1930's art deco

flickr

Carpenter’s by Paul Malon

Los Angeles, California.

flickr

Fleetwood Custom Cadillacs, 1934 by Paul Malon

8

Technicolor VS Cinecolor (1934)

During most of the 1930’s and 1940’s, the top two professional color processes were 3 strip Technicolor (left), and 2-color Cinecolor (right). These scenes were shot on the same year at the Chicago Century Of Progress Exposition, and show the same locations.

Needless to say, Technicolor provided unmatched color reproduction, but Cinecolor had its advantages- It was considerably cheaper (being only 10% more expensive that black and white), and it could be used on a standard studio movie camera. This made it perfect for short subjects and low budget pictures, and it remained in use until the mid 50’s.

Despite the different conditions of the clips, the difference in color reproduction it still quite evident.

(Clips via historycomestolife)

3

French Art Deco & Streamline Moderne Style Interior of the SS Normandie. 

Designer Marin-Marie gave an innovative line to Normandie, a silhouette which influenced ocean liners over the decades,

SS Normandie was an ocean liner built in Saint-Nazaire, France, for the French Line Compagnie Générale Transatlantique (CGT). She entered service in 1935 as the largest and fastest passenger ship afloat; she is still the most powerful steam turbo-electric-propelled passenger ship ever built.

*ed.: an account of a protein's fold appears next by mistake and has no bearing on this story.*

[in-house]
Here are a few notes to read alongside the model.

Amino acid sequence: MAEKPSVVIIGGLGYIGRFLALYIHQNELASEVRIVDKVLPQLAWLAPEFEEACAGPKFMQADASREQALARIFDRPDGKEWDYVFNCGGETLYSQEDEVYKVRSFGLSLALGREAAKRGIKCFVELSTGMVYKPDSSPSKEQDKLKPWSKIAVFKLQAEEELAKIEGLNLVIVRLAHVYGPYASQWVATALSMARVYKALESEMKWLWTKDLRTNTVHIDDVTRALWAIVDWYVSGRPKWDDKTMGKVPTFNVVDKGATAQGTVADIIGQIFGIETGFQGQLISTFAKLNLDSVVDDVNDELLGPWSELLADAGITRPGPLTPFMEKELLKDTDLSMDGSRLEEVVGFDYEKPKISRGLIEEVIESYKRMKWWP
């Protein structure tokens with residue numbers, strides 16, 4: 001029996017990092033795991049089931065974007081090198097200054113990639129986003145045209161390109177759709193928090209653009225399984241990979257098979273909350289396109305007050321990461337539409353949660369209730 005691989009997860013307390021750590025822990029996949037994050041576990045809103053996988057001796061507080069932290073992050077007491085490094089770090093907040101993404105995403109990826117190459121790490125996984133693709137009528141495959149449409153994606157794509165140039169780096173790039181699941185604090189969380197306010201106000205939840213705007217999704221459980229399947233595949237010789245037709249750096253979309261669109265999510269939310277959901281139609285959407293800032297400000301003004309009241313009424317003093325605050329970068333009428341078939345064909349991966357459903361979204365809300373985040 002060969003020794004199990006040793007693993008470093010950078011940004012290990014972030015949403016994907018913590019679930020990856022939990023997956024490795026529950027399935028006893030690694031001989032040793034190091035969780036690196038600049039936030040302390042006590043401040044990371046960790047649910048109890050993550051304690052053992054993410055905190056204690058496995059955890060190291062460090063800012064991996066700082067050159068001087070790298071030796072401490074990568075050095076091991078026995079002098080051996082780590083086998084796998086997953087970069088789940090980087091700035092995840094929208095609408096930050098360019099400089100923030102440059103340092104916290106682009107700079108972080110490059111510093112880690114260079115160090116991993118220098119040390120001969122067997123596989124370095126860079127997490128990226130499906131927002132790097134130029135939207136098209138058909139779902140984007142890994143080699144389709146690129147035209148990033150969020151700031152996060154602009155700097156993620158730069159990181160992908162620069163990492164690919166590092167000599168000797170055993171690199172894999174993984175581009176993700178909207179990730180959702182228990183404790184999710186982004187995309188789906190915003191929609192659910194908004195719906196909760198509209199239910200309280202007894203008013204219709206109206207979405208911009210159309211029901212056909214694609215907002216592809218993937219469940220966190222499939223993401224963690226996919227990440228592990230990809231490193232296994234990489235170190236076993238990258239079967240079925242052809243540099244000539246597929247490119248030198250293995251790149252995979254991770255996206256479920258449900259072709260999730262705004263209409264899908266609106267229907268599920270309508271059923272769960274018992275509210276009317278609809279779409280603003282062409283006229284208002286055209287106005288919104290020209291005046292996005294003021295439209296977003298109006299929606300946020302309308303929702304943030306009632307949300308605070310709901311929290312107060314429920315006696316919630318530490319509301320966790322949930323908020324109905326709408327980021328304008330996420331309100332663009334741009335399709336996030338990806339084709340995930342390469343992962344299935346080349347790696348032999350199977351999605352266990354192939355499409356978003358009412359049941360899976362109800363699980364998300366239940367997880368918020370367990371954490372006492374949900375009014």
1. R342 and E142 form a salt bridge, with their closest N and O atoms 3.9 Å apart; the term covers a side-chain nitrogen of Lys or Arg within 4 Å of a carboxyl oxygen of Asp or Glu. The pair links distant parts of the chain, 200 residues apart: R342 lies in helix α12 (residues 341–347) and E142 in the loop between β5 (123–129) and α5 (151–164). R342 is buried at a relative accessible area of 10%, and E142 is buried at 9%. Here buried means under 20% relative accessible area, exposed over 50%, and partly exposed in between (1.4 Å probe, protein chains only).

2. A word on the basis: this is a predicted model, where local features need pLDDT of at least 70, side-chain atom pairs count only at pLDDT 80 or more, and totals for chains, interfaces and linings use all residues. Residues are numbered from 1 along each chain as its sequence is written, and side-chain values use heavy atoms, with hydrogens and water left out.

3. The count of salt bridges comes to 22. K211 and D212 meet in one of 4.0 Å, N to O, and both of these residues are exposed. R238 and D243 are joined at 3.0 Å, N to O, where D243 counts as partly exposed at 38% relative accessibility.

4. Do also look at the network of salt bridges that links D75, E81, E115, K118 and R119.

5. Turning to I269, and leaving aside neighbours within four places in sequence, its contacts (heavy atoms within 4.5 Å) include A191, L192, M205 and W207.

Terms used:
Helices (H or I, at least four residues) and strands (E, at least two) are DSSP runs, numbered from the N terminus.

During World War II, Normandie was seized by US authorities at New York and renamed USS Lafayette.

On 9 February 1942, sparks from a welding torch ignited a stack of life vests filled with flammable kapok that had been stored in the first-class lounge and the fire spread rapidly. 

The ship was stripped of superstructure and righted in 1943 in the world’s most expensive salvage operation. She was reclassified to an aircraft and transport ferry on 15 September 1943 and placed in dry dock the following month.

Lafayette was stricken from the Naval Vessel Register on 11 October 1945.

She was cut up for scrap beginning in October 1946 at Port Newark, New Jersey, and completely scrapped by 31 December 1948.

flickr

Sealed Power Into The Future by Paul Malon
Via Flickr:
1935; illustration by Arthur Radebaugh.

flickr

One Step To Heaven by Paul Malon

<br /><i>Via Flickr:</i>
<br />1928.